Therefore, we must be sure of our IoT choices: cybersecurity of equipment is primordial because it is the key to trustworthiness, which is an essential value in our profession.
Once the smart sensors have been installed and deployed, we cannot go back and improve the flaws in the design of ISS. It’s too late and incompatible with the dissemination model of these technologies.
How do you think CISOs can guide this movement and how does the latter differ from conventional industrial systems?
With conventional industrial systems we are often dealing with closed production installations: factories, data centers, workshops, etc.
With connected objects, we’re dealing with territorial dissemination which brings with it energy problems, problems with network speed, limited calculation capacity, etc. These problems clearly put limits on ISS.
How has the digital transformation of factories, as well as its challenges and impact on industrial information systems, changed the role of CISOs?
The world of control engineers was not prepared for this standard digital invasion and must reinforce its cyber skills.
Resources are as scarce as industrial systems and processes are specific and complex. The knowledge of experts must be combined with cyber knowledge by educating people working in industries or by integrating cyber experts into the industrial world. This act of combining is sometimes delicate and may take time to develop but it is essential.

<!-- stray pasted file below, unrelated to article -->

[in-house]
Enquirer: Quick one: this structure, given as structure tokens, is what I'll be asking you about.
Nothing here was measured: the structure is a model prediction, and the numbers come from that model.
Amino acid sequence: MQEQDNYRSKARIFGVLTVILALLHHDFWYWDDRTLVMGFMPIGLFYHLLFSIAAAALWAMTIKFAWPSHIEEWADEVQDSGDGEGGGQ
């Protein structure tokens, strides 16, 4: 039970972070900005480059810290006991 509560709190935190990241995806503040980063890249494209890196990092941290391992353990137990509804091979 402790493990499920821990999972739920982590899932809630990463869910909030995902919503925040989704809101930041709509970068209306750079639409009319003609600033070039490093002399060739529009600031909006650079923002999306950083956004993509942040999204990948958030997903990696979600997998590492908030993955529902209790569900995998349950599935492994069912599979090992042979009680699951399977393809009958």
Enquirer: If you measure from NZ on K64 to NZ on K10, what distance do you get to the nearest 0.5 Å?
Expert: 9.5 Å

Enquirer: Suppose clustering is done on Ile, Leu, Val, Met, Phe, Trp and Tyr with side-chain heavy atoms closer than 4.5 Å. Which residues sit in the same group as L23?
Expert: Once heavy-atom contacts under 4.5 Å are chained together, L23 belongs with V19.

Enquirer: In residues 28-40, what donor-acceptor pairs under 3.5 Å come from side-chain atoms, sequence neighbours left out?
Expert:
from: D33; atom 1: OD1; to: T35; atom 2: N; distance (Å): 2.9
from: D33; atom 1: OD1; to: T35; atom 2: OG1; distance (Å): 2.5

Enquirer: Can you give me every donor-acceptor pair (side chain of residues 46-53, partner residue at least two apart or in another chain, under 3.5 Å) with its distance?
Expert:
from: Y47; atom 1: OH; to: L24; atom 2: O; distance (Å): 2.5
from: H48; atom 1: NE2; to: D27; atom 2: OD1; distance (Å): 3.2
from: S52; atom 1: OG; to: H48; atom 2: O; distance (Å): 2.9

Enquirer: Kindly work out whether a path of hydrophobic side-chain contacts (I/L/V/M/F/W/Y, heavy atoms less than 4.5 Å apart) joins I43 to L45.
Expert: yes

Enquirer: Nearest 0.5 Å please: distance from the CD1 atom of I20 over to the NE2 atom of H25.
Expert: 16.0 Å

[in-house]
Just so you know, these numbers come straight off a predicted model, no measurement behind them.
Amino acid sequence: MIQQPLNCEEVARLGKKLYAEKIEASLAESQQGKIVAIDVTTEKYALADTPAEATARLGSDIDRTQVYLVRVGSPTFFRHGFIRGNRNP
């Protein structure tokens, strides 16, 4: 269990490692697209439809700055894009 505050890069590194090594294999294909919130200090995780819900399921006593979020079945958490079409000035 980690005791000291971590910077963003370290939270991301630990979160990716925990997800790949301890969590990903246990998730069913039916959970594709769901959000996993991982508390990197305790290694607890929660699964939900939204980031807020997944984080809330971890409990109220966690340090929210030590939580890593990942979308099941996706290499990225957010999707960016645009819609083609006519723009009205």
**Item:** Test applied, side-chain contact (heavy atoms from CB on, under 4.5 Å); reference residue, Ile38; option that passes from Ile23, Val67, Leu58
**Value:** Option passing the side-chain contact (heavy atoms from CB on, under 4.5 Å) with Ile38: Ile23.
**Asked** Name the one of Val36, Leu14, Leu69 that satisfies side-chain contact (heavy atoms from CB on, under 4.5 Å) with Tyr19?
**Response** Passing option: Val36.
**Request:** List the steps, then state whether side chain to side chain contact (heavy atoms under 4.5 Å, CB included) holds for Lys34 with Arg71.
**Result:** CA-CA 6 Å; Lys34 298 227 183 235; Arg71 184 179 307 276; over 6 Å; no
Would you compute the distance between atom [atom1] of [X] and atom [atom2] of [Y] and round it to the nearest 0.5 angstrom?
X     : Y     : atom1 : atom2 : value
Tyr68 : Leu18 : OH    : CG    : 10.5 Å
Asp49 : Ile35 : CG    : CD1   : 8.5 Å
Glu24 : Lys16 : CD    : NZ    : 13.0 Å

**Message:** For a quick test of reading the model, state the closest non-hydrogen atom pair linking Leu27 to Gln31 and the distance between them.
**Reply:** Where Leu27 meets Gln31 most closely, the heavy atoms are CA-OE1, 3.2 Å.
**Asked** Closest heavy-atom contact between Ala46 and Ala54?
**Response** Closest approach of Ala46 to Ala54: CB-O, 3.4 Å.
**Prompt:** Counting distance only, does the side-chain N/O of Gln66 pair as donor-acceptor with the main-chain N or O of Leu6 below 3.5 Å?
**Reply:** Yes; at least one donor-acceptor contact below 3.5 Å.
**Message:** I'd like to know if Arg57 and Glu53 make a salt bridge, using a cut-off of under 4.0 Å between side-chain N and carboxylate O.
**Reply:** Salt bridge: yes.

What material, financial and organizational resources do you have to reinforce the security of industrial systems? How do you think the responsibilities of CISOs over industrial networks and the IoT will evolve?
SNCF decided to appoint delegated CISOs to industrial systems (rolling stock and infrastructure systems) and provides the proper resources, dedicated and adapted ISS governance and a repository of reference material from the industrial world.
SNCF’s ISSP already takes the industrial perimeter into consideration.
Do you think it is necessary to improve control over your industrial networks?
Gaps do exist, even if only between the disproportionate life cycles of industrial devices (20 to 40 years) and the life cycles of the IS controlling said devices (5 to 10 years).
Have you implemented a SOC (Security Operation Center) or do you have plans to implement one? If yes, what is your strategic and technical approach to implementing one as efficiently as possible?
An industrial SOC is in the process of being deployed. It will operate in synergy with the SOC for information management and both will be consolidated to offer an overall view of security operations while respecting the individual nature of each environment.
What about industrial networks? Are they included in your project? If not, why?
Industrial networks are undergoing major changes with the invasion of the IP world. The strict separation of platforms and flows is non-negotiable. A gateway must link the two worlds but must be strictly limited and adhere to ISS certification by ANSSI-approved providers (ANSSI-French National Cybersecurity Agency) before being deployed.